Which Artist Shares Your Birthday?

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Morris Kantor

Russian-born Morris Kantor learned to support himself at a very young age when he came to the United States, in 1906. By the time he was twenty, he had saved enough money working in the garment district to enroll at the Independent School of Art in New York.

Thomas Hart Benton

Benton's idiom was essentially political and rhetorical, the painterly equivalent of the country stump speeches that were a Benton family tradition. The artist vividly recalled accompanying his father, Maecenas E. Benton—a four-term U.S. congressman, on campaigns through rural Missouri.

Charles Willson Peale

Charles Willson Peale is best remembered for his monumental portraits of George Washington and other Revolutionary War--era figures, and for organizing and opening America’s first natural history and art museums in Baltimore and Philadelphia.

Johnson Antonio

Johnson Antonio started making what he calls "dolls" when he was around fifty years of age. He found a piece of cottonwood and carved a Navajo figure, which he gave to his youngest child as a toy.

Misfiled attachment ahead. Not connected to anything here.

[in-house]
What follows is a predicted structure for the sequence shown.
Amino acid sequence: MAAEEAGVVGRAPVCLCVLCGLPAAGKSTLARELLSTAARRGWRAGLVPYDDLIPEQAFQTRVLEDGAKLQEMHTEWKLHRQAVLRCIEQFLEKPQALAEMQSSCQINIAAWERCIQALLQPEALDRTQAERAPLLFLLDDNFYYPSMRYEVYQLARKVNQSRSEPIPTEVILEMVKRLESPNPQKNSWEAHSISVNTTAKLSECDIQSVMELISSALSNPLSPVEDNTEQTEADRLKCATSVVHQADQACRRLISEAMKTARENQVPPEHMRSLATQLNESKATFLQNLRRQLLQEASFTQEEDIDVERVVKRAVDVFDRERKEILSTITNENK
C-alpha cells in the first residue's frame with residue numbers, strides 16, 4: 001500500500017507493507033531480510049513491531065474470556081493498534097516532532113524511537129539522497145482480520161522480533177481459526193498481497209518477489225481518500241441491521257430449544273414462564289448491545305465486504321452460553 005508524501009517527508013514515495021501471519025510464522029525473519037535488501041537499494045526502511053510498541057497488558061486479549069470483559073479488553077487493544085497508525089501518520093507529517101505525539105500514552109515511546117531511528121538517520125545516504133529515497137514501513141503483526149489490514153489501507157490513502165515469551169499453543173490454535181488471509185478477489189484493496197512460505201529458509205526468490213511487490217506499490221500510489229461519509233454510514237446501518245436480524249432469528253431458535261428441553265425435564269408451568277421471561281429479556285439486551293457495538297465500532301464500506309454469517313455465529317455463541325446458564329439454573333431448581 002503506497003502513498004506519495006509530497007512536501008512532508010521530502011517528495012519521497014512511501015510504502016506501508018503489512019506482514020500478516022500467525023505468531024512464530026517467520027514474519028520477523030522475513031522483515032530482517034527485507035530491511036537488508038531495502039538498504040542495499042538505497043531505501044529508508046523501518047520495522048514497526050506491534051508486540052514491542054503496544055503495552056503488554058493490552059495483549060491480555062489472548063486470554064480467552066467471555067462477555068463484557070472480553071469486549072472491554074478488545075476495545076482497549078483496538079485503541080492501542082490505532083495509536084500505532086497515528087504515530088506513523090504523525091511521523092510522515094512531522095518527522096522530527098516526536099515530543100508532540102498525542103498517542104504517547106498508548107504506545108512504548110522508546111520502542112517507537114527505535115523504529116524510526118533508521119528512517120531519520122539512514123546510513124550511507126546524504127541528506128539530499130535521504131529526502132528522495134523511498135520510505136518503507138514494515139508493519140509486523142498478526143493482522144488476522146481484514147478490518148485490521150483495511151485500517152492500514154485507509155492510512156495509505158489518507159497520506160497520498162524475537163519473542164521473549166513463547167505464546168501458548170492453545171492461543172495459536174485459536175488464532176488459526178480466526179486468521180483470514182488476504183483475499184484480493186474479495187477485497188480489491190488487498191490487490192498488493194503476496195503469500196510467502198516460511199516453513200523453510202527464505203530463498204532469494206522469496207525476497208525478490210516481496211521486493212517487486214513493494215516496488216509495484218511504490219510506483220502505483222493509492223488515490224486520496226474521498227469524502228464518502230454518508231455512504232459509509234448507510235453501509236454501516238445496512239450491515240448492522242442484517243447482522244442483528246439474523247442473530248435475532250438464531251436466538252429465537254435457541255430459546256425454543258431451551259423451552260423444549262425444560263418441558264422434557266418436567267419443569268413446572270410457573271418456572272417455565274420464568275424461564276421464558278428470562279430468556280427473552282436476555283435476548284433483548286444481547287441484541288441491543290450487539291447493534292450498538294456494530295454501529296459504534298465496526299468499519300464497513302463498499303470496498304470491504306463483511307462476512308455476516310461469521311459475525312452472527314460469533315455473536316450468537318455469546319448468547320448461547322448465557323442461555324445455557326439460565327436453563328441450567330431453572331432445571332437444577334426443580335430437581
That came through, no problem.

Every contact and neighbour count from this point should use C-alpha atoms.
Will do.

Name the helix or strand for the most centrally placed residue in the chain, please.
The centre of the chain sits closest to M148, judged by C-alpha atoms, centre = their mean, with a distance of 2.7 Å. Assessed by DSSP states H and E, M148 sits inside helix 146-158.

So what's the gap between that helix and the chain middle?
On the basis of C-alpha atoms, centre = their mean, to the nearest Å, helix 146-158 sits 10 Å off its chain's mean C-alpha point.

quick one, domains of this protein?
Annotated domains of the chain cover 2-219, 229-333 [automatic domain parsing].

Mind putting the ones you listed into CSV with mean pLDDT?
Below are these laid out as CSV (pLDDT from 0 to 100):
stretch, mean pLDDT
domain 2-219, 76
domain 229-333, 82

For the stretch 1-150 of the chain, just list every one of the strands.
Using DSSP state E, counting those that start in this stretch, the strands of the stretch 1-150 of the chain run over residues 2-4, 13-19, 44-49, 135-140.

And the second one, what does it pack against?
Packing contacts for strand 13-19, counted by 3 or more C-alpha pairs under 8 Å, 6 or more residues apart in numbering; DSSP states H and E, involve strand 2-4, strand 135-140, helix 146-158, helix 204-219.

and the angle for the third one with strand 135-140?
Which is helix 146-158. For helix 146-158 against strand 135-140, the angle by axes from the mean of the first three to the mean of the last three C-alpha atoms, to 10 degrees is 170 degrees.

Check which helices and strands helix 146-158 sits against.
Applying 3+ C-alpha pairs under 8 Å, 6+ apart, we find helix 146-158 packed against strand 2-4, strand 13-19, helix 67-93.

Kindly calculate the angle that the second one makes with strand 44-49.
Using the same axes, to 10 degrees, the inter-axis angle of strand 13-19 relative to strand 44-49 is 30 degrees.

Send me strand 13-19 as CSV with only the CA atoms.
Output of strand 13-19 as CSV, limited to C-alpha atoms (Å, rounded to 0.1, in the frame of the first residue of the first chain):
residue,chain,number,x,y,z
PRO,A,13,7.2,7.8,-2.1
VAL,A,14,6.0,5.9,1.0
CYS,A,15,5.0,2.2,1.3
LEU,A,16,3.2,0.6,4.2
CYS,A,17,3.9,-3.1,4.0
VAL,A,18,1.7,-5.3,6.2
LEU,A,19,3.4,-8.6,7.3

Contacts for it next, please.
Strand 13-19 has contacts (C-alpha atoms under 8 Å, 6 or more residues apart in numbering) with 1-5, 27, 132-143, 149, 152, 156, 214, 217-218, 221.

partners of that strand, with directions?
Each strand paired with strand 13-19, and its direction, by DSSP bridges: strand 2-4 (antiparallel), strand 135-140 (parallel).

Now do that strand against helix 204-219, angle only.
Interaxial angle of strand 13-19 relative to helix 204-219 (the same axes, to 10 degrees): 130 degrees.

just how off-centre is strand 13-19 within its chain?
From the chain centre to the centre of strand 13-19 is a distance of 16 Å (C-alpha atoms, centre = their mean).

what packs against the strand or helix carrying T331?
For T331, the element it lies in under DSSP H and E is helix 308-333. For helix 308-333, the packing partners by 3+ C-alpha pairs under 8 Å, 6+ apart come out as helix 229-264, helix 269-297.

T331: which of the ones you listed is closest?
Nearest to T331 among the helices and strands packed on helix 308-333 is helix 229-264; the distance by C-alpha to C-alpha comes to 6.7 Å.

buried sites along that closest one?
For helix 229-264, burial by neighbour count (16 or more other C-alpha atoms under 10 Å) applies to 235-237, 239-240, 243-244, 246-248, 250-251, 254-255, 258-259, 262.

David Gilhooly

David Gilhooly states that his lowbrow humor makes his work accessible so that “even my most maiden old aunt or my most drugged-out cousin can get at the meaning of the work or at least experience it!” He studied at the University of California, where he worked as an assistant to Robert Arneson.

LaVerne Nelson Black

In the 1920s LaVerne Nelson Black lived briefly in Taos, where he studied and sketched the traditions of nomadic Indian tribes such as the Navajo and Apache. In the 1930s he moved to Phoenix, working as an illustrator and commercial artist.

Michael Olszewski

In his eloquent fabric collages, Michael Olszewski communicates "intimate feelings prompted by people and circumstances." Using line, color, texture, and symbolic form, he expresses personal responses to such sorrowful human experiences as separation, aging, and death—and his own long strug

Ira Sherman

Ira Sherman grew bored with biology and chemistry in college and began taking art classes as a way to escape the “rigidity of science.” He developed an early respect for the relationship between form and function from his father, who sold heavy machinery for metal fabrication.